Brainstorming ideas for how you’ll spend your retirement can be like trying to find the “x marks the spot” on the treasure map, except there’s no map! You might have a few ideas of “bucket list” items you know you’ll want to accomplish, but how will you spend your time day to day?
When you think about the concept of a “richer” retirement, what does that mean to you?
It could mean spending more time making memories with your grandchildren, finally reading that novel sitting on your bookshelf, or traveling to France to walk the vineyards and taste delicious wine.
Is there a deeper purpose behind creating your definition of a richer retirement? The answer is likely yes.
It could be working towards spending more time with your family, continuous self-improvement, or learning something new. These things, whether you may know it or not, are likely correlated with your personal values.
Your Values Matter
In the workplace, you likely had a driver that pushed you to continue forward—for example, the organizational mission.
But what about in everyday life? We all have a personal “mission” that drives our actions outside of work, too. When we consistently live in line with our core values, that’s what makes us experience fulfillment and “richer” life.
Using your values to shape and mold your retirement plan gives you a better opportunity to be more intentional with your resources over time. Just because you’re not working anymore doesn’t mean you don’t have a mission behind you. You just have to figure out what your calling is!
What Are Your Core Values?
Let’s consider your core values your “playbook” for life.
Any sports fan likely knows that a playbook outlines all the required steps or information to help you succeed in a particular area (like a football game). With that in mind, let’s apply that same technique here!
Does anyone else have a hard time talking about themself? Is sharing a “fun fact” about you with a new group of people a nightmare?
It makes sense that putting your finger on an adjective to describe what inspires you and gives you direction can be tricky. It can be uncomfortable to talk about yourself! Consider referencing this list of commonly used words to describe core values to help you get started.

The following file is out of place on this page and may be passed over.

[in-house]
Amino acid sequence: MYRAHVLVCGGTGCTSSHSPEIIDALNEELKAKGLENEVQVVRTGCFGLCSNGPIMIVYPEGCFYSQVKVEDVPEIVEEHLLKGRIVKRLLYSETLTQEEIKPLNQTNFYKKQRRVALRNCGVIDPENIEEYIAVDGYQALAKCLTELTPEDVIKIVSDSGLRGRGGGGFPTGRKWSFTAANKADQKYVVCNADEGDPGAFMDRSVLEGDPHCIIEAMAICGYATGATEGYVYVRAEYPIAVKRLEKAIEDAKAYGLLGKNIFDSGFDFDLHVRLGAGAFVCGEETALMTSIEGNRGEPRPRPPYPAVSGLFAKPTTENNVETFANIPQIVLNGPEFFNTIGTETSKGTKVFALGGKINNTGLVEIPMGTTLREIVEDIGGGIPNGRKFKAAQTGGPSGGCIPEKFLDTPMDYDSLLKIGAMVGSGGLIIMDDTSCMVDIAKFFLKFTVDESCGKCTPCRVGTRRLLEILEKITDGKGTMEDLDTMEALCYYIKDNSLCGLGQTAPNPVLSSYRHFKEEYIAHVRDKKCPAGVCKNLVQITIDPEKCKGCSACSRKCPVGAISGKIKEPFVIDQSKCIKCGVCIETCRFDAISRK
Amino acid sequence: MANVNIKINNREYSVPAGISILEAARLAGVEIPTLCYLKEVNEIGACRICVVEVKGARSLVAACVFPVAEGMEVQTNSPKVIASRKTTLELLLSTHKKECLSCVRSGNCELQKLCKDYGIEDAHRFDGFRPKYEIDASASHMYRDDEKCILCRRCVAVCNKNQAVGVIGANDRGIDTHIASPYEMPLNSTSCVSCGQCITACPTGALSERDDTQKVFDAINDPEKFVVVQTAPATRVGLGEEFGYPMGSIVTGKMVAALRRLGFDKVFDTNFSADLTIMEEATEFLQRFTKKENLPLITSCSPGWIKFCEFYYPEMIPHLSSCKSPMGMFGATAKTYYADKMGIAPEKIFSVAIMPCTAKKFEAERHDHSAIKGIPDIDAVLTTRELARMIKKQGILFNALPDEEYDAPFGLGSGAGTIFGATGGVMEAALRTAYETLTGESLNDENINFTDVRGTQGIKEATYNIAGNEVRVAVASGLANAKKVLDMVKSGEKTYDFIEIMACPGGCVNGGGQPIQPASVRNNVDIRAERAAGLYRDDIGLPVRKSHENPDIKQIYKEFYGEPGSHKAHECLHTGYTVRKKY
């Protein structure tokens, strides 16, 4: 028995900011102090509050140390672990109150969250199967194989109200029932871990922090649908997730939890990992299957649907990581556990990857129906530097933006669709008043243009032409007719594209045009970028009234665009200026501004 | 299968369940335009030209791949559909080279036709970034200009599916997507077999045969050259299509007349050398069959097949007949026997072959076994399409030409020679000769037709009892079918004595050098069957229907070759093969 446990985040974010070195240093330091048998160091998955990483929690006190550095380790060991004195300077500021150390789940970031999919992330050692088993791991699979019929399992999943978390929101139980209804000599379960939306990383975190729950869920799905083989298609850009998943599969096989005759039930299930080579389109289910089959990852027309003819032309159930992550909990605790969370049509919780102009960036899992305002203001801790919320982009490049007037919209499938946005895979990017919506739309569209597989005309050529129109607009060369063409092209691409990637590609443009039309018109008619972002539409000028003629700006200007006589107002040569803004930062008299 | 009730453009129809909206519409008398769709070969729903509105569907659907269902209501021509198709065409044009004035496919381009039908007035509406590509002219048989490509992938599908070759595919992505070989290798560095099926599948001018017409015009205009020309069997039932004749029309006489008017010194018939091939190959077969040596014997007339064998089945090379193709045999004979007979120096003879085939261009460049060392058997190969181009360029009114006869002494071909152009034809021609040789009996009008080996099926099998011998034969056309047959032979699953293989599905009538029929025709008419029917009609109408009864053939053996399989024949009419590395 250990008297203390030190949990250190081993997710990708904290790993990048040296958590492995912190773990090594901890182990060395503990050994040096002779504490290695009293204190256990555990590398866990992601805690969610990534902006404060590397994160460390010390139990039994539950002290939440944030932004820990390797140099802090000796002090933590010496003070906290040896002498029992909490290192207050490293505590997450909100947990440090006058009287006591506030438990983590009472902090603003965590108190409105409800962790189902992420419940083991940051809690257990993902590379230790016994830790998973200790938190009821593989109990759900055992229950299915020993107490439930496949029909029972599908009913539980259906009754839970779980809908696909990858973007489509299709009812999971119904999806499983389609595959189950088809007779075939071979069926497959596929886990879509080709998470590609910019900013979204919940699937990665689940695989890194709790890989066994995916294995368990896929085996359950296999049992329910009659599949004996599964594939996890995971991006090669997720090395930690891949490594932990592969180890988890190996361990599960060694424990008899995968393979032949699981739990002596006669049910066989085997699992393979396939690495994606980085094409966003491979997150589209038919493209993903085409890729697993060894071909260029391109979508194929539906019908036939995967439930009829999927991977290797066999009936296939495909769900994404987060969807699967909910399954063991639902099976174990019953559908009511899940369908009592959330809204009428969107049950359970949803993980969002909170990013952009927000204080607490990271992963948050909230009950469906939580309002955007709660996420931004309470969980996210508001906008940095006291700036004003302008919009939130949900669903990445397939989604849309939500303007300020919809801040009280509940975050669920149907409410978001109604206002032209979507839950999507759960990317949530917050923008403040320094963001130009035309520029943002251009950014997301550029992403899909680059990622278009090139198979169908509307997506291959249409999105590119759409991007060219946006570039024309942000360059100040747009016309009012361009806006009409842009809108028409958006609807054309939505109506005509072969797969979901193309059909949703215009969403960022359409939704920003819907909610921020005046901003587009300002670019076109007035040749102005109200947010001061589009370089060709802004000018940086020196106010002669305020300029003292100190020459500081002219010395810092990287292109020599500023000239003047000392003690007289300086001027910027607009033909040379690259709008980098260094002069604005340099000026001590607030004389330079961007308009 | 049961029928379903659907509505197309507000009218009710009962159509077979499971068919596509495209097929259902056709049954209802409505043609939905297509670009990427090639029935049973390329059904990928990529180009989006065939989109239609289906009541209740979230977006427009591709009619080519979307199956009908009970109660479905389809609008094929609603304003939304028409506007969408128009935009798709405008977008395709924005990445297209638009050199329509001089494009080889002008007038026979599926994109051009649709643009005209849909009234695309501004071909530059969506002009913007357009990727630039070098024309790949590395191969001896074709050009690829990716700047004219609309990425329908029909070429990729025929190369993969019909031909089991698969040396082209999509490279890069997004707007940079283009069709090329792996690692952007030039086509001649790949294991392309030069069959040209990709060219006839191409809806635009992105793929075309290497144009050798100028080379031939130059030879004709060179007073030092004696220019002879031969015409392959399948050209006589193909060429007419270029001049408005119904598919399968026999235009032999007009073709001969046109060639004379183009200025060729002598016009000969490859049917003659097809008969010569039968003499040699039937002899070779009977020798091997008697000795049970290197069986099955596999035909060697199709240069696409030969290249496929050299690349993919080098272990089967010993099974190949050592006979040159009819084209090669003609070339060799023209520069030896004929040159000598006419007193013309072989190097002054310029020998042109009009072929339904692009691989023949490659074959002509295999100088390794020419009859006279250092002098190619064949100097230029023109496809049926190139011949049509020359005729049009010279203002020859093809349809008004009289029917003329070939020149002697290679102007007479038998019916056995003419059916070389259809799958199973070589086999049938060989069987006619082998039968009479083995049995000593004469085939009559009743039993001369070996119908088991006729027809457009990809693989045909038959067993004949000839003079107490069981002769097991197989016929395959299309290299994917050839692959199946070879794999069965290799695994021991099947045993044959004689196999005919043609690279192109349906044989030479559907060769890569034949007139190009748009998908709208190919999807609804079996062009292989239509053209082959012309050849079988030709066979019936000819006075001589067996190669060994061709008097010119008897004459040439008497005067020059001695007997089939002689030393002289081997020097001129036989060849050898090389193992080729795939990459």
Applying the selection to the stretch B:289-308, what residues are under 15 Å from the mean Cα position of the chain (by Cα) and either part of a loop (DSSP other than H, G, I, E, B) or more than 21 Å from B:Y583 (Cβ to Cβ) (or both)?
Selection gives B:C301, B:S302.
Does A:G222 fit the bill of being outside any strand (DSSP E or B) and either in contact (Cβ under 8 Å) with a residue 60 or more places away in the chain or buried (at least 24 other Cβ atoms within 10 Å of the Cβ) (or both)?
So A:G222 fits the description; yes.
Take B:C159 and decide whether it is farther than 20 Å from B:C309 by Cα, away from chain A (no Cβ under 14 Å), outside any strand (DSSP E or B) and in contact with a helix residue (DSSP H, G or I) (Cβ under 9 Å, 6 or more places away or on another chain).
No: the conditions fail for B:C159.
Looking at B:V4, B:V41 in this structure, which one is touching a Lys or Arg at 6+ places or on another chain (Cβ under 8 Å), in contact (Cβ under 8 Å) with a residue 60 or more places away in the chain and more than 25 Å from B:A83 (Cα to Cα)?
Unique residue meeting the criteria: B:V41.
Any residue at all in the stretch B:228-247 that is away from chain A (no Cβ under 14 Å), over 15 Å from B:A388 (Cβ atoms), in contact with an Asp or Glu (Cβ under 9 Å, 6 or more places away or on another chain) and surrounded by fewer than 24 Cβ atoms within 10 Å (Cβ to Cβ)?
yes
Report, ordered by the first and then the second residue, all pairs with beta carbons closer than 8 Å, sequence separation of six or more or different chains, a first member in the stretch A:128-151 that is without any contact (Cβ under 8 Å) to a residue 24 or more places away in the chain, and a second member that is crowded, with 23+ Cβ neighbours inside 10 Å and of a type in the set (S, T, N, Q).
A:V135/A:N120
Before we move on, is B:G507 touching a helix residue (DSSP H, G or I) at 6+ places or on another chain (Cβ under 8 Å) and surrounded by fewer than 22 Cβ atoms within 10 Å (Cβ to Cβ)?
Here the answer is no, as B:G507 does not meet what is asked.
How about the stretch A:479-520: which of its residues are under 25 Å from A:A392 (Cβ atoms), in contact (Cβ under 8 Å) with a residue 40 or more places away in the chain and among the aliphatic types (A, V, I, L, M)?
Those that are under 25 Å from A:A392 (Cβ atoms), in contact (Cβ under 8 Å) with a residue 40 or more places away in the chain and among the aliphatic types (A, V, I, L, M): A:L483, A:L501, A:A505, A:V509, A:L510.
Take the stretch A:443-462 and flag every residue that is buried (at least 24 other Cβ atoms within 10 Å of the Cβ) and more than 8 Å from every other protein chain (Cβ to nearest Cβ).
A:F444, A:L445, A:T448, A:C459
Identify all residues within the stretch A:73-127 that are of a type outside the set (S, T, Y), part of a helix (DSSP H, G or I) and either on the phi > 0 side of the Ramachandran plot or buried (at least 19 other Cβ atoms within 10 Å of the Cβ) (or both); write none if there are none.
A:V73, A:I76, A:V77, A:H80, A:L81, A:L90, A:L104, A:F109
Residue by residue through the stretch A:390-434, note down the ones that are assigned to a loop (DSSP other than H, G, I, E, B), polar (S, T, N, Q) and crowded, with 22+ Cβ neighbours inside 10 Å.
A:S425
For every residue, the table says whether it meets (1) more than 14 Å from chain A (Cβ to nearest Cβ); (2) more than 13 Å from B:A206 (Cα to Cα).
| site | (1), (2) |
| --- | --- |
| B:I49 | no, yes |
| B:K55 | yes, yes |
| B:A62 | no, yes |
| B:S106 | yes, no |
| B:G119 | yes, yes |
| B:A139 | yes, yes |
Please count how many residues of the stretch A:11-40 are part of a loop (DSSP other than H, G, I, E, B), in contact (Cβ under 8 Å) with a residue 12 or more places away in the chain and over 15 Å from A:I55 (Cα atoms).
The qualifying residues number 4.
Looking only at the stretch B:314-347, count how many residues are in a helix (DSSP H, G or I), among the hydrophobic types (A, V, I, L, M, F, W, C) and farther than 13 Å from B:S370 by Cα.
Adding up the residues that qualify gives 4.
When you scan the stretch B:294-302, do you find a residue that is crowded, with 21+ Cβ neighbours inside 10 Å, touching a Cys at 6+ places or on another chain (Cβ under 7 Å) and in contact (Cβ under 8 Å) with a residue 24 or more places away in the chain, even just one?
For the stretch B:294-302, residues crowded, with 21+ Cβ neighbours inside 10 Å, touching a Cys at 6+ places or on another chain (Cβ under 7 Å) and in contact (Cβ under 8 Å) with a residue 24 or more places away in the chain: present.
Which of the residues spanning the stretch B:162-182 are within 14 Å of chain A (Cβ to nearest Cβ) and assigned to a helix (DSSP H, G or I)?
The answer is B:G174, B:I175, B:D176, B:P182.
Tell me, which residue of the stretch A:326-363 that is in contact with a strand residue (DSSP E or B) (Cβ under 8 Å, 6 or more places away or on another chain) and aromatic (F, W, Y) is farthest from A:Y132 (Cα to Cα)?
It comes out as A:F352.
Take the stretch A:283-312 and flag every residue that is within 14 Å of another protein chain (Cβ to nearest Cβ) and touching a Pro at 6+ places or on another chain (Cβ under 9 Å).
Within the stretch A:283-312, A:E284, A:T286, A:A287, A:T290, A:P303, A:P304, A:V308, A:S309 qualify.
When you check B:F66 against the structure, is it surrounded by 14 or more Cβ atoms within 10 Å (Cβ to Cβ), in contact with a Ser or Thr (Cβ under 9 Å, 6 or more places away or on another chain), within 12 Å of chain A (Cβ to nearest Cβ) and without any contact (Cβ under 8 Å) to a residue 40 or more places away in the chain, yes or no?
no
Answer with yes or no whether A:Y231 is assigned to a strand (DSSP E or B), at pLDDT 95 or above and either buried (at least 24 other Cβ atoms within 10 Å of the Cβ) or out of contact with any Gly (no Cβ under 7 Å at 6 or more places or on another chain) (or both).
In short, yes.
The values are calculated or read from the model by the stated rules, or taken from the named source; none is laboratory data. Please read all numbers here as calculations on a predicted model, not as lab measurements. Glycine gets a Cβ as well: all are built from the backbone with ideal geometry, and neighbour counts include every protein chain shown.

Once you have the list in front of you, try this exercise.
- Pull out all the values that resonate with you.
- Now, cut the list in half!
- You’re not done yet. Look at your list again and remove words until you have a maximum of 10.
- Feeling the heat? Cut the list down to the top 5.
If your values are too broad, it might be challenging to focus on how you can satisfy them.
While at first, you may have gravitated toward 20+ words, now you’ve spent the time to craft a more intentional and purposeful list that best reflects your values and priorities. If you have a spouse, go through this exercise separately and compare answers at the end. This can be a great way to connect, listen, and learn from each other.
Another helpful tool is this “No Regrets Retirement Plan” worksheet. In this exercise, you will be asked to think deeply about your “perfect” retirement day. Your answers will help you hone in on what your core values are.
Creating the values to center your retirement lifestyle plan takes tremendous dedication and care. Remember, retirement lifestyle planning is just as nuanced and important to creating a life you love.
Now that you have your core values, you can create intentional goals and action plans to help you achieve them. Try using the Retirement Transition Wheel to focus your goals on areas that will enhance your life.
Are you still with us? Great! Once you have your list of 3-5 values, you can start to develop specific priorities. Those priorities lead to goal setting, then action!
Let Your Core Values Drive Your Actions
Let’s go back to your playbook. Because of the work you’ve already done, you likely have a tremendous amount of information that will help you successfully identify your core values.
Let these values inspire how you’ll spend your time and who you want to spend it with.
For example, one of your values might be centered around health. This can lead to a myriad of activities: hiking, biking, walking your dog, eating healthy, taking your vitamins and medication, etc.
Thinking further, you may also greatly value your family. What better way to spend time with your loved ones than by having a healthy home-cooked meal together or taking a walk through the local park.
The options are truly endless. By letting your values drive your actions, you can work to build a life that’s not idle but rather active and purposeful.
Your Values Can Transform Your Money, Too
Your values also impact how you spend your money during retirement. In addition to having a healthy level of financial security for you and your loved ones, what else can your money do to help you live a purposeful life?
In terms of everyday activities, consider seeking out things that lean into what you value most. For example, if you value creativity, perhaps you’ll sign up for a class that offers that creative outlet—writing, painting, singing, etc.
You can also look at it in terms of defining your legacy.
If education is a core value, perhaps you allocate funds to your grandchild’s education, set up a scholarship for a deserving local, donate money to causes that promote education, etc. There are so many ways you can use your money to tell a story and shape your legacy.
We’d love to work with you to create your ideal retirement lifestyle and work towards living an active and purposeful retirement. Set up a meeting with us today.